The trial came to a conclusion on September 16, 1884 and after due consideration, judgement was rendered by Judge J.F. Sullivan on December 24th. He concluded that under California law a marriage contract such as Sarah Althea Hill claimed she possessed could be valid. He accepted that both the contract and the “Dear Wife” letters were genuine, and he granted her a dissolution of the marriage between her and her husband, William Sharon.
He also believed that both plaintiff (Allie) and defendant (Sharon), as well as many of the witnesses, were guilty of perjury on the stand. Nevertheless, Allie was entitled to alimony and a division of property. Sharon swore that she would not get one cent. He would fight it to the end.
While her attorneys congratulated each other and celebrated their victory, Allie went shopping. A reporter from the Daily Alta California visited her the day after Christmas and found her relaxing “on a richly embroidered lounge,” next to a table “almost covered with glasses and champagne bottles, some empty and others yet to be opened,” evidence that she had been called upon by many well-wishers. He noted some of the purchases she made on Christmas Eve.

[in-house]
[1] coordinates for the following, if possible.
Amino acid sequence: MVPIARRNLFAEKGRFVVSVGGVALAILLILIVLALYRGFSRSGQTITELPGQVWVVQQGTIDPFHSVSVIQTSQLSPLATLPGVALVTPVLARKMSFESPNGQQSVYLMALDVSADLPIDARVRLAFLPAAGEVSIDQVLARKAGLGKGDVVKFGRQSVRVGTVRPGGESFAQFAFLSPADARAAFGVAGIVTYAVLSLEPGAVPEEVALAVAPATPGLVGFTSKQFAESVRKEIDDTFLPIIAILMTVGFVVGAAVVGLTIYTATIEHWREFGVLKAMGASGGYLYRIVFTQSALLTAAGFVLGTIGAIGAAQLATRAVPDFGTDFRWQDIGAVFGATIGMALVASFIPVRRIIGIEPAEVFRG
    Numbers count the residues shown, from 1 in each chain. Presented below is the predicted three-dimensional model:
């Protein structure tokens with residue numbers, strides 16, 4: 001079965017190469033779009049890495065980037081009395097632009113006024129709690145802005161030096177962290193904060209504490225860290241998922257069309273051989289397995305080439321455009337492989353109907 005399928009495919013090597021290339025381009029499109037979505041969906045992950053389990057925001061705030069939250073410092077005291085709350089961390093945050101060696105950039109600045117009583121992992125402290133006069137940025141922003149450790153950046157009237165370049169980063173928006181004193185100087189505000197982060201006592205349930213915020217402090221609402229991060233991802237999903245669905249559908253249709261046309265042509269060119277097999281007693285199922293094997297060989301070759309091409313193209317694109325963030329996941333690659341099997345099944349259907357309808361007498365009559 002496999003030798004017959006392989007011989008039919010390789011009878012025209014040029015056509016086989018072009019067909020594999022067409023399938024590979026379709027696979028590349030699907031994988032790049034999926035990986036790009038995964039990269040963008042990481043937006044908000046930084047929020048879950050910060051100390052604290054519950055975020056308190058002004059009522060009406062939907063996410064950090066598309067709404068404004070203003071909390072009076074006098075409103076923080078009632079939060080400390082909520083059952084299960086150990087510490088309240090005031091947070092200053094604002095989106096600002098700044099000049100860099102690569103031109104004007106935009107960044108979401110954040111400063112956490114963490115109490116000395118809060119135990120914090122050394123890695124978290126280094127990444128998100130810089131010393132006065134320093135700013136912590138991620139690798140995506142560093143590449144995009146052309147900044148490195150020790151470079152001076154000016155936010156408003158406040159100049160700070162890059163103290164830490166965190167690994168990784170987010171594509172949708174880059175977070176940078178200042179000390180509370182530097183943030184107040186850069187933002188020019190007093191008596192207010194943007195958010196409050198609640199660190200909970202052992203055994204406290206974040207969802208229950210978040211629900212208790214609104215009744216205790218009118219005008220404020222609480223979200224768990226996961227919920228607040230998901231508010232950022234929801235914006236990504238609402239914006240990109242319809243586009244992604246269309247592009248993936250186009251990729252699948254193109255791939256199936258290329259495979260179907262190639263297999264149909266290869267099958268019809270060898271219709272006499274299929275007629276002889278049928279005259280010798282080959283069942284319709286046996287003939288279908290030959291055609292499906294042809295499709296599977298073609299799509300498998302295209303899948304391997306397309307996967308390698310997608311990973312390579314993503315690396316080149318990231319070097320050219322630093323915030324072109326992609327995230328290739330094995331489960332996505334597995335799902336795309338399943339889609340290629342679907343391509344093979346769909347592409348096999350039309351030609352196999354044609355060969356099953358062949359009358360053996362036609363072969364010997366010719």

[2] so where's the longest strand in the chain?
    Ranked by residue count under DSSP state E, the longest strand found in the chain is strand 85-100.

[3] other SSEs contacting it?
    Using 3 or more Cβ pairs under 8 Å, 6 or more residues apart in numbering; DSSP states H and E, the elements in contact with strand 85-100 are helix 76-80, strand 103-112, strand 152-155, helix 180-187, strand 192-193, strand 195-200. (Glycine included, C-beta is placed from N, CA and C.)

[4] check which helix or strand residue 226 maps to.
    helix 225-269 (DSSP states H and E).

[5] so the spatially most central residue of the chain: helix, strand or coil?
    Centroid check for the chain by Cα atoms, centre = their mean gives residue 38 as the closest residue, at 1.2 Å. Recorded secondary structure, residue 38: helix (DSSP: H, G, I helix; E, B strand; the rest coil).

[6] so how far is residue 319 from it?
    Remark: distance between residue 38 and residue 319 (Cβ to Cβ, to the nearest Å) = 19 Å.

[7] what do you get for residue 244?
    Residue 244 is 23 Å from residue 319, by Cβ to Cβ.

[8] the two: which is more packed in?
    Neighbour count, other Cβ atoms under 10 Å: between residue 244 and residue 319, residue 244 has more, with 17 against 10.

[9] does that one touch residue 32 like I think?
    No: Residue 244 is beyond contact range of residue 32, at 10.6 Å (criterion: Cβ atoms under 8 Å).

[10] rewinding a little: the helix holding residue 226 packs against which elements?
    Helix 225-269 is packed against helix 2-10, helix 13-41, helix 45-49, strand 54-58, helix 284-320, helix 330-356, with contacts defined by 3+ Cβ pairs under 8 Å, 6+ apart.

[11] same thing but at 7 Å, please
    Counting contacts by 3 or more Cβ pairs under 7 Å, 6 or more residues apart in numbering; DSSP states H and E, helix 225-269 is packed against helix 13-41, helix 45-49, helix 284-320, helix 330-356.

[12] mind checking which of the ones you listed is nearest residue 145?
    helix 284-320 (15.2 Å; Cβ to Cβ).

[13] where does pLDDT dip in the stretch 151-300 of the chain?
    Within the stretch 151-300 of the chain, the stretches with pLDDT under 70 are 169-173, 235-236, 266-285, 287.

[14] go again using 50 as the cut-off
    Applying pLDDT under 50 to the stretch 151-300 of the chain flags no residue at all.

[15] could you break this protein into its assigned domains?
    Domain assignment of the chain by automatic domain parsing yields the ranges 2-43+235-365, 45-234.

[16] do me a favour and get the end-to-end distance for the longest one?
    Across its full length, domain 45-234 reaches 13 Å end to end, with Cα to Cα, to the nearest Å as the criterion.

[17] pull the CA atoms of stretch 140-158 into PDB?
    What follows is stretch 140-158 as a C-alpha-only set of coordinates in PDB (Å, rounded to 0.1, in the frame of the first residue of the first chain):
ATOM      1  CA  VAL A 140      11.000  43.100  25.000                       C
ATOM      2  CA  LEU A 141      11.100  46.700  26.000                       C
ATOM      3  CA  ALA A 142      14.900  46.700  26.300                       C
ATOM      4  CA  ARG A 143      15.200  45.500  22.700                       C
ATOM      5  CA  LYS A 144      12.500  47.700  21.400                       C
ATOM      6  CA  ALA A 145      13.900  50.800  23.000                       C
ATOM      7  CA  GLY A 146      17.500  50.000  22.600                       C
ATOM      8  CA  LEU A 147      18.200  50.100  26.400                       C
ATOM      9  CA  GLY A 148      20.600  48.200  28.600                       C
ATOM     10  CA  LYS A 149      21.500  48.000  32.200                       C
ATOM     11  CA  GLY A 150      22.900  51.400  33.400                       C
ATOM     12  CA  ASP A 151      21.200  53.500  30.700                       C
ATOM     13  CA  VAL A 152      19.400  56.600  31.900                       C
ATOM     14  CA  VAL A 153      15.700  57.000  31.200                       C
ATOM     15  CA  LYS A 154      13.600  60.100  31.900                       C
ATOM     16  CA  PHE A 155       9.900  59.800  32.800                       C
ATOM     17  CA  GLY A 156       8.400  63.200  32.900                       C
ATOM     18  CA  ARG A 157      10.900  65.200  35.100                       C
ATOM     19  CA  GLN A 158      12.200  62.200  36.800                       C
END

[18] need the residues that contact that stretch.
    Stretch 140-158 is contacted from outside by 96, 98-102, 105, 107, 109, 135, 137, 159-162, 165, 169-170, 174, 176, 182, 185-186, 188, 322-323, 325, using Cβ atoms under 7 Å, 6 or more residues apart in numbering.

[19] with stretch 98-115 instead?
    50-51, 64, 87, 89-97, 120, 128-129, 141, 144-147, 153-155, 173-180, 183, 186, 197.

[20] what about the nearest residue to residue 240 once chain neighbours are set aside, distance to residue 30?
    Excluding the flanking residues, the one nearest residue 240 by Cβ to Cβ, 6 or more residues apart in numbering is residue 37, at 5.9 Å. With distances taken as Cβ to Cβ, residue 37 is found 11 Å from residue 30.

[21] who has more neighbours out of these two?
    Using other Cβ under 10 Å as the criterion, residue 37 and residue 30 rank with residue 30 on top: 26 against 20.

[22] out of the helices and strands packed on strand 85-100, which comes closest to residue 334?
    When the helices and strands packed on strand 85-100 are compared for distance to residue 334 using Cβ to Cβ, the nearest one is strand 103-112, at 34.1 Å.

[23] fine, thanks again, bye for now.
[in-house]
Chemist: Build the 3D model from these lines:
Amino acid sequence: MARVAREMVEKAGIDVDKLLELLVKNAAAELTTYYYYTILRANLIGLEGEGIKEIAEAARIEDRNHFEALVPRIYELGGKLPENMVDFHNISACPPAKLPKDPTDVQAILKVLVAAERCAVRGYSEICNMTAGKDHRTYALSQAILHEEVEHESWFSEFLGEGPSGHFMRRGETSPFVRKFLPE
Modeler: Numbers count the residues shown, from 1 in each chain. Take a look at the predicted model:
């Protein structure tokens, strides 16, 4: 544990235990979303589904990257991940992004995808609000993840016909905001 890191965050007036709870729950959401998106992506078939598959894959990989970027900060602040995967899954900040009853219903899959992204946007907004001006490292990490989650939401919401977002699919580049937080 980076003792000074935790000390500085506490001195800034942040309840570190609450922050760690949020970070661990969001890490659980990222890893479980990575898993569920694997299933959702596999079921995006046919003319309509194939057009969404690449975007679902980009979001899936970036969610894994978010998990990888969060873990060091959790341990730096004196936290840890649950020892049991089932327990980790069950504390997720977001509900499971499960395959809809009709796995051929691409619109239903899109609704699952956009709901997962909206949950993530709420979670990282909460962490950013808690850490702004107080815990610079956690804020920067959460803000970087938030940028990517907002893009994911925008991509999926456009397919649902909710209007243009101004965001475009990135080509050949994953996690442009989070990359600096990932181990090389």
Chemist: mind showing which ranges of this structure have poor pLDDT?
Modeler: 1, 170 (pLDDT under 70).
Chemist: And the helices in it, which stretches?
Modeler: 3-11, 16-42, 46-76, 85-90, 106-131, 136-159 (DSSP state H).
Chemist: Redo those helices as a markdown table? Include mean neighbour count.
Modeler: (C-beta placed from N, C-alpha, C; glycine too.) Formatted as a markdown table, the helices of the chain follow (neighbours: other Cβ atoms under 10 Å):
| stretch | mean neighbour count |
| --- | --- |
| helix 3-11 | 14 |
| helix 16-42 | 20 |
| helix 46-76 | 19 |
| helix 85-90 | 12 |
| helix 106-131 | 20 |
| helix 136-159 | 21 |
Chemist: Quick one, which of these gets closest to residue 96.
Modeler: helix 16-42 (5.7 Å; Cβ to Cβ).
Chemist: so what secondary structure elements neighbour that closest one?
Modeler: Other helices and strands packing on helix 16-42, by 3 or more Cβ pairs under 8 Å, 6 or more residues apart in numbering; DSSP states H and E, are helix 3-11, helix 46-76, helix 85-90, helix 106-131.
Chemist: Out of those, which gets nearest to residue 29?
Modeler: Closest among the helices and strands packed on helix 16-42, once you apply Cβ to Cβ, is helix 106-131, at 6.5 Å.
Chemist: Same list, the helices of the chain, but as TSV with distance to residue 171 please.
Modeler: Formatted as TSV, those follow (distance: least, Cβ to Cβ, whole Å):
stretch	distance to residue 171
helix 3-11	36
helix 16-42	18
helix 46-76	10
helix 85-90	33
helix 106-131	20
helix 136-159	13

She certainly enjoyed her Christmas. But her ordeal was far from over, and she would never see the money she had worked and schemed so hard for. Senator Sharon appealed the decision and delayed payment with all his considerable craftiness. And then, lurking in the background, was the counter-suit that he had filed in federal court. Allie would soon find herself once again in the courtroom.